If you follow sports for a long enough time, you end up with 4 or 5 moments that seem to stay permanently etched in your memory. Some are due to last-second heroics, while others are just the confluence of several interesting people at a particular point in time.

The passing this morning of legendary football coach Howard Schnellenberger brought back one of those for me. At the time, Schnellenberger was at the University of Miami before it was “The U”, and he was in the process of creating that transition for the Hurricanes.

He took over Miami in 1979, and in year 2 got his team to a bowl game, beating this group of upstarts from Virginia Tech in the Peach Bowl to finish 9-3. Three years later, “The U” was born, as Miami and Schnellenberger went 11-1 and won a national title by beating Nebraska.

The year before winning the national title, Miami faced Virginia Tech for the second time in three years in Blacksburg. It was a warm September afternoon, and Miami was favored due to a high-powered offense led by quarterback Jim Kelly. The Hokies were a typical Bill Dooley team, with a strong running attack led by players like Tony Paige and Cyrus Lawrence, and a stout defense with the likes of Bruce Smith and Padro Phillips.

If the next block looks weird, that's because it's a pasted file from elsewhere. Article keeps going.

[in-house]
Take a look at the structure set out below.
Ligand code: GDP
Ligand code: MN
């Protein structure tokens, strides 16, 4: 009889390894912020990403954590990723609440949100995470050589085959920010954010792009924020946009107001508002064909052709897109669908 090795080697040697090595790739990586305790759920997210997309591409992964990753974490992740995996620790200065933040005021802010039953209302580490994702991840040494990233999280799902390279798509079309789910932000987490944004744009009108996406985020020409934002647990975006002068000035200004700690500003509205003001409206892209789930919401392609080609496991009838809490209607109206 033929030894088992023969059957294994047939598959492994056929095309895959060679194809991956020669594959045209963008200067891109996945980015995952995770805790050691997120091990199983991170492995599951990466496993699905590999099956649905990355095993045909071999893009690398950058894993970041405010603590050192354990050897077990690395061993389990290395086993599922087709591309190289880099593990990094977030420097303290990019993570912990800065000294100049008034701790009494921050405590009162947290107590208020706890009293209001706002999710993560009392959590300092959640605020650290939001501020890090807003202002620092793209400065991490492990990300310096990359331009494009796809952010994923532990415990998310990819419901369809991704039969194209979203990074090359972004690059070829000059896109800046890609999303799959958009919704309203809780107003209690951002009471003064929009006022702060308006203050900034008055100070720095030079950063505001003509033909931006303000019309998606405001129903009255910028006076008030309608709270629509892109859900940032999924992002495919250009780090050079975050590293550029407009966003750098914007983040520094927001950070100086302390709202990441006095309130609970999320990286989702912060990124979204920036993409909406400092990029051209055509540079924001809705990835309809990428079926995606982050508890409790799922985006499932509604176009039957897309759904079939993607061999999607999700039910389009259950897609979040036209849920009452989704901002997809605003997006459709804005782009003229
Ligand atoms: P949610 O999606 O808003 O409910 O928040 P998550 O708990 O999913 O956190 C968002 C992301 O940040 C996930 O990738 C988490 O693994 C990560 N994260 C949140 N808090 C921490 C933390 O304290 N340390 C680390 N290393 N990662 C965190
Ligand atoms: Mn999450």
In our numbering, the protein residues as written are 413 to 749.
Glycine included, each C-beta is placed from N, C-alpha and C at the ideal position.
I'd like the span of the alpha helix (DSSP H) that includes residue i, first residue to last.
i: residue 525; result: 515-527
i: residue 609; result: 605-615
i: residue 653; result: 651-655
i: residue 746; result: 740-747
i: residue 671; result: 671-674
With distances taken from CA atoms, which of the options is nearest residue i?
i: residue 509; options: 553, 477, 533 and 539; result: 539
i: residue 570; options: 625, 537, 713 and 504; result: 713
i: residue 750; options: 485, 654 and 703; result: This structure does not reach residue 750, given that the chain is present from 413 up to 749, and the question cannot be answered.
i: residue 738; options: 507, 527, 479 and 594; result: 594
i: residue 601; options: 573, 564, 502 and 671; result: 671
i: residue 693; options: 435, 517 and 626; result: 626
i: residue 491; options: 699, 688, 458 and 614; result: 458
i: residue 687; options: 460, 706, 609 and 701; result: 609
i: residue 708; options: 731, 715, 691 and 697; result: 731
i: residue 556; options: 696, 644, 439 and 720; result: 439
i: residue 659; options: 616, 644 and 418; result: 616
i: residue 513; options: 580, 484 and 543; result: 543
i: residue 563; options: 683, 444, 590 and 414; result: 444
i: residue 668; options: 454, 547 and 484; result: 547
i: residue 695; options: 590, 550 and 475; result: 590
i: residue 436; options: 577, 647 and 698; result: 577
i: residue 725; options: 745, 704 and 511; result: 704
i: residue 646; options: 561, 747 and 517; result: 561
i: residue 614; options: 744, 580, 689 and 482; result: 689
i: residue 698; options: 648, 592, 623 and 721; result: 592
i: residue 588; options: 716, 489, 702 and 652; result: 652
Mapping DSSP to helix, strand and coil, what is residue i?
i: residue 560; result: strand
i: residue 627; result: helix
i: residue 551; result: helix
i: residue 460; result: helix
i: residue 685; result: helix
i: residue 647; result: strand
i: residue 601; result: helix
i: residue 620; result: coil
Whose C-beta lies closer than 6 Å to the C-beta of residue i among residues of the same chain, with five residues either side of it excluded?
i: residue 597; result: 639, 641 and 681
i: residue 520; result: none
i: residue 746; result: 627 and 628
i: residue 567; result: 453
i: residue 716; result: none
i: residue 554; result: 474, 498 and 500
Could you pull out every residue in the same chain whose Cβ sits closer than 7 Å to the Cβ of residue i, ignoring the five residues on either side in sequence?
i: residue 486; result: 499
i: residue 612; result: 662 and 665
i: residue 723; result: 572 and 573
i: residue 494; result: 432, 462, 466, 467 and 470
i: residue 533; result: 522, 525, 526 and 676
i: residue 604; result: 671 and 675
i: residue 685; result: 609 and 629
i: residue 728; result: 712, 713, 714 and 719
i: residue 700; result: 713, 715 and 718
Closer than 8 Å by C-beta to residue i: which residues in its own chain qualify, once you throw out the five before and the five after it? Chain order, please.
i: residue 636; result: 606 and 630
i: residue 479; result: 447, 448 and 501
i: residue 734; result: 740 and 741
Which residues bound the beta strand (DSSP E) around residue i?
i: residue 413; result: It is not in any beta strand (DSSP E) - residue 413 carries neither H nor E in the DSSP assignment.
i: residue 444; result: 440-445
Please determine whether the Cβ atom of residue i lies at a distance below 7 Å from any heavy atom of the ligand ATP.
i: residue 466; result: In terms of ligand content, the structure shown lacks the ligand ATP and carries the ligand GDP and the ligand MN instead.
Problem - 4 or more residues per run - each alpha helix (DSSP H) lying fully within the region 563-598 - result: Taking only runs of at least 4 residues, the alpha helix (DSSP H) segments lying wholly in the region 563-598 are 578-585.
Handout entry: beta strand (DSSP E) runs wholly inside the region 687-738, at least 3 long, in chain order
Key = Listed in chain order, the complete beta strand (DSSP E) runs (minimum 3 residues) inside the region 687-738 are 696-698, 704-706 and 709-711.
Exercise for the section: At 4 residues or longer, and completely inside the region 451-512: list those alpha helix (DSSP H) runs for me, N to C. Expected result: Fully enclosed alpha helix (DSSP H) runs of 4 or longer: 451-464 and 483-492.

Miami did win that day, 14-8. But some things also happened I doubt anyone expected.

The moment I remember took place shortly after the game. Back then, there were no formal press conferences or restrictions on who you could talk with after a game. If you wanted to ask a question of a player, you went in the locker room and asked.

For Miami, the visitor’s locker room was just under the East stands down near the corner of the South end zone. The question of the day regarded an injury to Kelly, who was sacked midway through the game by the Virginia Tech defense and had to leave the game. Since he didn’t return, we all wanted to know how bad the injury was.